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A coalition of Democratic groups and allies, the Alliance has taken in nearly $10 million since 2007, almost all of it from other political action committees. It has spent $7 million on Minnesota elections since then, making it the largest single spender among Minnesota political action and independent expenditure committees.
Fed by a money stream from unions, wealthy donors and national Democratic groups, the Alliance donates little to others. Instead, it spends it on polling, advertising, mailings and staff who have a single goal: Elect Democrats.
Carrie Lucking, Alliance’s executive director, said she already has begun talking to local and national groups about next year.
“We are very focused on winning the governor’s race and making sure that we retain a middle-class majority in the House,” she said. Although donors will not give formal financial commitments until 2014, she said it is clear that supporters want to make sure that Minnesota’s status as a “progressive island” in a sea of GOP-dominated states is rewarded.
That strategy has worked in the past. Concentrated spending by the Alliance helped send Mark Dayton into the governor’s office in 2010, making him the state’s first DFL governor since Rudy Perpich left office in 1991. Last year, the Alliance contributed heavily to the avalanche of outside spending that transformed many legislative races from low-dollar affairs into six-figure contests and subsequently gave DFLers control of the state House and Senate.
The Alliance is closely connected to the state’s most generous political groups and individuals. The same union and individual donors that rank in the top three dozen givers statewide contributed heavily to the two groups that fund the Alliance, WIN Minnesota and the 2010 Fund, which became the 2012 Fund. Those funders, in turn, got much of their money from the Democratic Governors Association; Education Minnesota and other unions; and Messinger and other wealthy Minnesotans, some with the last name Dayton.
GOP, business interests coalesce
GOP-favoring committees spent as much as the DFL-supporting Alliance over the past six years and share many big donors among themselves. But even though those groups, and their donors, often have close relationships and discuss strategy, they did not pool their money as the Alliance did. Instead, they largely spent separately, diffusing the power of their cash.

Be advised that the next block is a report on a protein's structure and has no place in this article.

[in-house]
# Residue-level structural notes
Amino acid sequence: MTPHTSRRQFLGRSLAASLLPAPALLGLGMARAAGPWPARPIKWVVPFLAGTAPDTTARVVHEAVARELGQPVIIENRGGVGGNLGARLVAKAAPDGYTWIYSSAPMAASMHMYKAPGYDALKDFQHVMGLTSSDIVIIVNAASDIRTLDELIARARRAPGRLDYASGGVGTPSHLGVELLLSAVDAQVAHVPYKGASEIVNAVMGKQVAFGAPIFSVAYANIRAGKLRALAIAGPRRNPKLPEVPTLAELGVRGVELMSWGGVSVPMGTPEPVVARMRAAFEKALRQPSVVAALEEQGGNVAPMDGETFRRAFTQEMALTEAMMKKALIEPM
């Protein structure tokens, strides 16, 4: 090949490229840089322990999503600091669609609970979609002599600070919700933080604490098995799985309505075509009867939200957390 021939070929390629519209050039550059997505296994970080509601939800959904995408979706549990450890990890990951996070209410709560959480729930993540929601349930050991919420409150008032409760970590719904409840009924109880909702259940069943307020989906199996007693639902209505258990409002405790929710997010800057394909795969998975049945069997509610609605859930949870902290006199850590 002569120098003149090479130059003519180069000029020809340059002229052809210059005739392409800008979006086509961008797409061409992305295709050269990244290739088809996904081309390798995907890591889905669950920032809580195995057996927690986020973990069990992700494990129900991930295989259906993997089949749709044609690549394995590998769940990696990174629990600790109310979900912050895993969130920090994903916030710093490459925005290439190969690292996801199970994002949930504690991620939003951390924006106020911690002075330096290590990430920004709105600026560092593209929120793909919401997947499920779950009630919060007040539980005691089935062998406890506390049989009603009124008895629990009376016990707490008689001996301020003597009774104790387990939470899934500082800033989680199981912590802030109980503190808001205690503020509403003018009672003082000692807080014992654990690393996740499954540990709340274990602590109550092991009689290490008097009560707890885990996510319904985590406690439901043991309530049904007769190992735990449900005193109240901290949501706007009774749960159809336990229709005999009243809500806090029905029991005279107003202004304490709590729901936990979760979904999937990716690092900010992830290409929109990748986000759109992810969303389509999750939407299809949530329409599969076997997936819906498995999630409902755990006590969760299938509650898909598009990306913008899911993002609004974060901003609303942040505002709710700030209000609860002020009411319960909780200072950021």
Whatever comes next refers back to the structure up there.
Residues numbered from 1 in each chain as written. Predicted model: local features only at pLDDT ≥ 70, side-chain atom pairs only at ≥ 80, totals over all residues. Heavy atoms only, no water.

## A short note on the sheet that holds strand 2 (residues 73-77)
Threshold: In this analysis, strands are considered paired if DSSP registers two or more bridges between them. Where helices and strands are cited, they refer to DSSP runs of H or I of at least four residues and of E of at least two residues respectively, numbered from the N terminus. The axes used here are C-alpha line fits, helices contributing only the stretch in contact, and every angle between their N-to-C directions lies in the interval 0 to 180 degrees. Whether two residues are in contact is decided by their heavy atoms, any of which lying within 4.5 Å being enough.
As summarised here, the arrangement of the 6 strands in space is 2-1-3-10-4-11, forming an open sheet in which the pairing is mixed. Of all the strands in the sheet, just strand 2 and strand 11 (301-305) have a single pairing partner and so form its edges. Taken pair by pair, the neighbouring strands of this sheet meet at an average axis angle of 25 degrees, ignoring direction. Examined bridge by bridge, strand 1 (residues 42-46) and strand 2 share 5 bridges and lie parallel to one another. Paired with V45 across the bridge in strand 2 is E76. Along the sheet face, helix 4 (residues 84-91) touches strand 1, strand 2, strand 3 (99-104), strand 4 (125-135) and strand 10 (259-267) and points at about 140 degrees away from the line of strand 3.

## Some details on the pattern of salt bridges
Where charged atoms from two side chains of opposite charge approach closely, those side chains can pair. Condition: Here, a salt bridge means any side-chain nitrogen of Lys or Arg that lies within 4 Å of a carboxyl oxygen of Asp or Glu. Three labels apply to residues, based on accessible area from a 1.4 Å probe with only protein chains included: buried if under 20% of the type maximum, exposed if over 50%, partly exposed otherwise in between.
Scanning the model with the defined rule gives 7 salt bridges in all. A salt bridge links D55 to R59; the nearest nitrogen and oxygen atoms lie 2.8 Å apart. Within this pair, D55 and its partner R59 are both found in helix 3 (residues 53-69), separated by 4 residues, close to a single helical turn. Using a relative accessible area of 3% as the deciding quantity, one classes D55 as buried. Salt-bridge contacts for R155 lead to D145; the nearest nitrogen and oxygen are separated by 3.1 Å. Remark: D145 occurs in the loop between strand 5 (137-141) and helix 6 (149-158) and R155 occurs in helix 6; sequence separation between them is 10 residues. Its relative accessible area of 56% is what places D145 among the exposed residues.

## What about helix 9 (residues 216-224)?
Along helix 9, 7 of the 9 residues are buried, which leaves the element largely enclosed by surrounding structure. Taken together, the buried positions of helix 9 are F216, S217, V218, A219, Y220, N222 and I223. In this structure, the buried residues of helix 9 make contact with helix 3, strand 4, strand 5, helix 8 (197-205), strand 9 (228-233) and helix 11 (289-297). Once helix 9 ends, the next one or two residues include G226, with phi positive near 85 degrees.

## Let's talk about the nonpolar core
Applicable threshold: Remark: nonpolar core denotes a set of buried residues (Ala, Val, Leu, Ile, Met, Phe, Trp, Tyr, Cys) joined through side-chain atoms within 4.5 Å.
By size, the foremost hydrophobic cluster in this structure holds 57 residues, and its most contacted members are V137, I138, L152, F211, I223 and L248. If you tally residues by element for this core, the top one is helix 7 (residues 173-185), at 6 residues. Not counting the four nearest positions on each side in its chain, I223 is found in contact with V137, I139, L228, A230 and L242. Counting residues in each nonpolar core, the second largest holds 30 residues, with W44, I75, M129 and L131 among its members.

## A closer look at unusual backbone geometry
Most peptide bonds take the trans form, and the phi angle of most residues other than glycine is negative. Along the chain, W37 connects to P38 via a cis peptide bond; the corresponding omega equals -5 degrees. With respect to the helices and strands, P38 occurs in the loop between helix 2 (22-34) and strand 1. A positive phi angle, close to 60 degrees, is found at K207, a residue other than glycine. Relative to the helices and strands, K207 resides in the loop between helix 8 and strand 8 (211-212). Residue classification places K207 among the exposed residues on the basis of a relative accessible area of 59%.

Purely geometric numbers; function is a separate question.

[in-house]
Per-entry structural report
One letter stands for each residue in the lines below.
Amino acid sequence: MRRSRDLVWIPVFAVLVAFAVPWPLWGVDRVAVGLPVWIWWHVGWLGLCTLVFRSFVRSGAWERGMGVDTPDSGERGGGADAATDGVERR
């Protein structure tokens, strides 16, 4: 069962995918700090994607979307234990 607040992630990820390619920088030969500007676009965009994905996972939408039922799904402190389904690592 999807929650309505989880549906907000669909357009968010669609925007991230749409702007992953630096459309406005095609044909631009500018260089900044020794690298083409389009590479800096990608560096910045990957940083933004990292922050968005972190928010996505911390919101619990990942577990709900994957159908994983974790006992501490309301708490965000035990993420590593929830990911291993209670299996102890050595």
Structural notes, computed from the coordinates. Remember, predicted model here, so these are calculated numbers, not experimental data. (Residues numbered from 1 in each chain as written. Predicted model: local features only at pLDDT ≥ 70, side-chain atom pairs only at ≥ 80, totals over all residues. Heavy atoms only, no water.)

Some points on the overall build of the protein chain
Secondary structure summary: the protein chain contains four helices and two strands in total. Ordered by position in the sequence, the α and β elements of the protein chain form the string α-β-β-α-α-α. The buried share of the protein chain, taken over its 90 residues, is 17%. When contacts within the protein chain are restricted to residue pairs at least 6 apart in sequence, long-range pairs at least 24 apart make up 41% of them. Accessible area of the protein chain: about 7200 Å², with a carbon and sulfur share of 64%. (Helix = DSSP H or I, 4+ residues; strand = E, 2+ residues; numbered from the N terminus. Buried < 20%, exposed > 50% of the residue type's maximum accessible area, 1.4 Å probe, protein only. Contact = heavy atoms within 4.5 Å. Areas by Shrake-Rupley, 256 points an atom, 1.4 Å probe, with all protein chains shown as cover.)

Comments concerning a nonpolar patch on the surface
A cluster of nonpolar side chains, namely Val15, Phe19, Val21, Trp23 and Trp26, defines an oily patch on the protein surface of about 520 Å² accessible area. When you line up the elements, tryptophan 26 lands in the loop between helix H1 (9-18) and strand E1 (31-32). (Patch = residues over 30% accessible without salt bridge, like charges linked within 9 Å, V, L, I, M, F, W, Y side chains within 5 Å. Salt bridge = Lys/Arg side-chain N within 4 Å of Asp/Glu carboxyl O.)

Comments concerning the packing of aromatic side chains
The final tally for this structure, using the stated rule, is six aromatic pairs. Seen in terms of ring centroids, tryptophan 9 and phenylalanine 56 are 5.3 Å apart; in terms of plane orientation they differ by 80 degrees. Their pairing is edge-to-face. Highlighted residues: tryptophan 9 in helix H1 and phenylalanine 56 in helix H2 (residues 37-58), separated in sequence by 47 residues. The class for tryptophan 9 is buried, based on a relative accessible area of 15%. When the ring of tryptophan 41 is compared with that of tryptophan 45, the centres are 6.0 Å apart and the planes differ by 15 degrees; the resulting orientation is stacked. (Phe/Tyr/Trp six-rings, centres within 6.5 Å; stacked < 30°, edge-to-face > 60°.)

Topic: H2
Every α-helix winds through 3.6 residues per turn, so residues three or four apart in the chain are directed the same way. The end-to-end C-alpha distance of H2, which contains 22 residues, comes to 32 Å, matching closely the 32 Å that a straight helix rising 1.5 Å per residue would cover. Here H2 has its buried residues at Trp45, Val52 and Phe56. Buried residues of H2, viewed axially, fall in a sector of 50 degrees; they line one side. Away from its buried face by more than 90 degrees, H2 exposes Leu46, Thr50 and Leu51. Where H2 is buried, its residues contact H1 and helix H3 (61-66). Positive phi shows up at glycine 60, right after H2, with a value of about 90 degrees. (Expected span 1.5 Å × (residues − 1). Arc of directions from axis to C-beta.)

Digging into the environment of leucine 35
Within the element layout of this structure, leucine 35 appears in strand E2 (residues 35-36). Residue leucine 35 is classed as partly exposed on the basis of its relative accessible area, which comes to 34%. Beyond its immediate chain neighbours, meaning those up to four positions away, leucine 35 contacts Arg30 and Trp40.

After seeing the Alliance at work, some say they will try to build an Alliance-like coalition on the Republican side in 2014.
“We’re going to be working together,” said Weaver of the Minnesota Business Partnership. He’s also the treasurer of MN Forward.
MN Forward tried to create such a coalition in 2010, taking donations from TCF Bank, Target, Best Buy and the Minnesota Chamber and fusing them into a $1.4 million pool it could spend to help elect Dayton’s opponent, Emmer, a former state representative. Target’s experience put a chill on the group and it has spent little since then.
Weaver said that in the future, businesses here will focus less on individual candidates and more on advocating for a job-growth-friendly environment in Minnesota.
He and others speak with admiration about the Alliance’s efforts — and a touch of envy.
“They are very, very well organized,” Weaver said. “We look at what the Alliance did in the last election [and] … we are trying to be as effective as they were.”
Rachel E. Stassen-Berger • Twitter: @RachelSB Glenn Howatt • Twitter: @GlennHowatt